Deciphering the Jargon of Your Wood Stove
Stove Size & Square foot Heating Capacity: Expected heating capacity of the stove for the Southern Maryland climate. Based on
proper wood supply, good draft, a well insulated house with 8’ ceilings, & good stove location in the house. Large and X-large stoves will
generally give you overnight burns. Manufactures heating capacity are national numbers not regional. So be careful when you read a
stove with a similar firebox size will heat 30%-40% more than a comparable model. Absolutely I can prove that a wood stove will heat a
4,000ft 2 ,well insulated house in Key West, FL. When making your decision look the firebox size chart listed below. These are heating
X-Large: Heating capacity up to 3000sqft. (4.0ft3 and greater)
Large: 1,800-2,200 (2.4ft3 -3.2ft3 )
Medium: 1,200-1,600 (1.6 ft3 – 2.3 ft3 )
Small: 600-1,000 (1.5ft3 or less)
BTU: Short for British Thermal Unit. Is the amount of energy needed to cool or heat one pound of water by one degree Fahrenheit. Generally equivalent to the heat generated by one match. When looking at brochures you should generally ignore these numbers, they are all over the place. EPA BTU’s are not indicative of real world use. Btu’s listed by manufacturer’s literature are not proven numbers are often the result sales meetings and not laboratory tests.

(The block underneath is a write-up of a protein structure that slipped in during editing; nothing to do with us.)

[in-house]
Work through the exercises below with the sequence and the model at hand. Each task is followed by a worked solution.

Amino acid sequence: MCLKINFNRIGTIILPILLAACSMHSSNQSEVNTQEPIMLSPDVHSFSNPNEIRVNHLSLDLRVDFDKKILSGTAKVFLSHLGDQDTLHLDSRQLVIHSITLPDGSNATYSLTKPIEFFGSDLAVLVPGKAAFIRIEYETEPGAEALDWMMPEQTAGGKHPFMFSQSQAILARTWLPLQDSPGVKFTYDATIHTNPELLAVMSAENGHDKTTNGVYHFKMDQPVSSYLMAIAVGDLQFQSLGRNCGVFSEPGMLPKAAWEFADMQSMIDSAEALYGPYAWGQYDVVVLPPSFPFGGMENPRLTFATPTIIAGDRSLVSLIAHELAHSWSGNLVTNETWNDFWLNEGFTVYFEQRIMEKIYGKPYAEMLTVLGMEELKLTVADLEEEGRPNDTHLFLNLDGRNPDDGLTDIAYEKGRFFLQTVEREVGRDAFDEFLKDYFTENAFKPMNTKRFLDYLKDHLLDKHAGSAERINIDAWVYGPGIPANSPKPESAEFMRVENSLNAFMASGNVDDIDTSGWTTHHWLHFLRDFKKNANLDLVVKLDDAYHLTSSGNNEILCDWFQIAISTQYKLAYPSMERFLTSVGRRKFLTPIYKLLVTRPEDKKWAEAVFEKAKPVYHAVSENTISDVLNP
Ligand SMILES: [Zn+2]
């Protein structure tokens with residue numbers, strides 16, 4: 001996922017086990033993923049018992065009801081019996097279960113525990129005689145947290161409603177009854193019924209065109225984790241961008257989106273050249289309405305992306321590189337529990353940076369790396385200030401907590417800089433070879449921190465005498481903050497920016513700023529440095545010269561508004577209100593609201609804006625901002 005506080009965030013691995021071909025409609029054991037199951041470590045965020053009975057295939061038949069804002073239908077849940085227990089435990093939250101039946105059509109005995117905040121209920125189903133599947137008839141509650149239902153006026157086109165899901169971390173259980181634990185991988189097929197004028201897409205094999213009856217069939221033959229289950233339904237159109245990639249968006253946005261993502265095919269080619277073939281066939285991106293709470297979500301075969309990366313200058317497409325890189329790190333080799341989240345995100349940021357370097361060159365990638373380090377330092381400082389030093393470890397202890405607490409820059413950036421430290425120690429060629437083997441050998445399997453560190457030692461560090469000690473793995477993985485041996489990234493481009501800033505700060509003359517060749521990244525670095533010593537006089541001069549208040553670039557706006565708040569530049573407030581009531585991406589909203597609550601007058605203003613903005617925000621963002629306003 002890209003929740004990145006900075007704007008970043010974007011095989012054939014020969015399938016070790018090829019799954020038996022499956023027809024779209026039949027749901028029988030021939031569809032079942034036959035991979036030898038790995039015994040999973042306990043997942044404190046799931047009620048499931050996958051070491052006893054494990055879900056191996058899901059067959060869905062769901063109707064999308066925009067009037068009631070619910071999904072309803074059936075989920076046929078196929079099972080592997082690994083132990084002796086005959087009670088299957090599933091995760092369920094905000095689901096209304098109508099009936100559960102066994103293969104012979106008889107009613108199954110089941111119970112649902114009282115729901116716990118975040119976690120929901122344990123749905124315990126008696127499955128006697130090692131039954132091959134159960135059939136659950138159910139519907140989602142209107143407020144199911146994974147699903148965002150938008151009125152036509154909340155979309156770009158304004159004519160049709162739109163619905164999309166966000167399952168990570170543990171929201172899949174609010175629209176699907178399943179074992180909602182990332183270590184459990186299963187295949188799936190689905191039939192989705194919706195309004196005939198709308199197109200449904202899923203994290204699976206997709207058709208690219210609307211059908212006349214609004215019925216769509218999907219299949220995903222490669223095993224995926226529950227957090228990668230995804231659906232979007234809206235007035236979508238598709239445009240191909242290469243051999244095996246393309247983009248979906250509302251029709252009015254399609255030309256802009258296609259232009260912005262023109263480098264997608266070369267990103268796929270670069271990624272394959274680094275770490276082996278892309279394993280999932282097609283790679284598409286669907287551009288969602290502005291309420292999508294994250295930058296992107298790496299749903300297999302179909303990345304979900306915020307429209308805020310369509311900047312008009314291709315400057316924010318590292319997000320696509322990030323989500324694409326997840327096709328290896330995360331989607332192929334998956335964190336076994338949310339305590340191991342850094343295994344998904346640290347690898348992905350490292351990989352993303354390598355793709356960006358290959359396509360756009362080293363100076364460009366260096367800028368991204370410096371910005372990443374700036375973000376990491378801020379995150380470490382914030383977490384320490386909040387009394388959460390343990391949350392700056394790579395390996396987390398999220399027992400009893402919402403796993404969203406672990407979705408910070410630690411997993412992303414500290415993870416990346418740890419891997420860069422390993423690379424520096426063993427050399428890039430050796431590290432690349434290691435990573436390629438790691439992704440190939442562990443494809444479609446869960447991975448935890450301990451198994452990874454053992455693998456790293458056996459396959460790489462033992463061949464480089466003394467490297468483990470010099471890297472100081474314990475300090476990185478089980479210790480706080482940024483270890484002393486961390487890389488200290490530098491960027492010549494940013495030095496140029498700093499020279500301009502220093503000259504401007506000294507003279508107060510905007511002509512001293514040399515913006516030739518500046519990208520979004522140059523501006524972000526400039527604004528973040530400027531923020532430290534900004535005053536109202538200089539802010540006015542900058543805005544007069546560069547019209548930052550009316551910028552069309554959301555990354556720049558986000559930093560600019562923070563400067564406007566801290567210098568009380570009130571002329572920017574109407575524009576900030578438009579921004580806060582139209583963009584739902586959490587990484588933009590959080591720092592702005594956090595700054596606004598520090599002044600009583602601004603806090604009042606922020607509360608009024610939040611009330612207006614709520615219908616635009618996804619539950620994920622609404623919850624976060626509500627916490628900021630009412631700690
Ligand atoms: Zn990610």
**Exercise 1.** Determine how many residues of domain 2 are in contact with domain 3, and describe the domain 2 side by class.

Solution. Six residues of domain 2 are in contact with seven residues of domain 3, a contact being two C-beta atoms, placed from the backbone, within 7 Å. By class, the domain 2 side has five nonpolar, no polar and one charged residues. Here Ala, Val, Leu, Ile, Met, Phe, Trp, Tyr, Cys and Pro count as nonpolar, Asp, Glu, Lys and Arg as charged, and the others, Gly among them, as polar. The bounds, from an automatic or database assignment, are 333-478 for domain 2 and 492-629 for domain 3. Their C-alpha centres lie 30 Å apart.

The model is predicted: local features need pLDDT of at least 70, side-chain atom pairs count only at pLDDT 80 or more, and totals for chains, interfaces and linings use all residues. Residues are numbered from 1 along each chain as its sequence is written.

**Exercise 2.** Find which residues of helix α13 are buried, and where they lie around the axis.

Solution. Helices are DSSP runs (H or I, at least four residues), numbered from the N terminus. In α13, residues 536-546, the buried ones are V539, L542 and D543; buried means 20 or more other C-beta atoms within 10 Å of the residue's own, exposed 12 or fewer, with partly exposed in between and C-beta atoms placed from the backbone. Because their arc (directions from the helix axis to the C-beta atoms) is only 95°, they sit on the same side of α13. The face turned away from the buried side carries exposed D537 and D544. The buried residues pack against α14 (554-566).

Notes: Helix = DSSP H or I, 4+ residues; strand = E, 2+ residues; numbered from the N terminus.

Burn Time: Reasonable expectation of how long a stove will produce usable heat. Generally speaking enough coals to ignite a new batch of firewood. Burn times can be affected by the draft of the appliance, the length, diameter, and moisture content of firewood, firebox size, and wood species of the firewood.
Log Size: Indicates how log of a piece of wood you can actually fit into the firebox. Most useful for cutting or purchasing your firewood.
Green Start Ignition System: Starting your wood stove is simple as pushing a button with this self-starting wood stove option.
Draft: Is a force that exists in a properly designed chimney system. It pulls air into the combustion chamber and expels smoke and
combustion gases from the appliance. The ability for draft to exist depends on many factors: location and height, elbows, horizontal runs,
flue size, house construction, house pressurization as well as atmospheric environmental conditions.
Bypass damper: Used to bypass the baffles inside the stove. Commonly used to start the fire and for open door burning.
Air Shutter: The air shutter can be a knob, pull handle or slide. It is used to control the amount of air flow in your stove. This will adjust
heat output and burn times. A closed air shutter will equal longer burn times, lower heat output, more creosote formation and dirty glass
(usually a dark brown color). In contrast an open air shutter will result in shorter burn times, more heat output, less creosote formation
and a glass that will generally stay clean.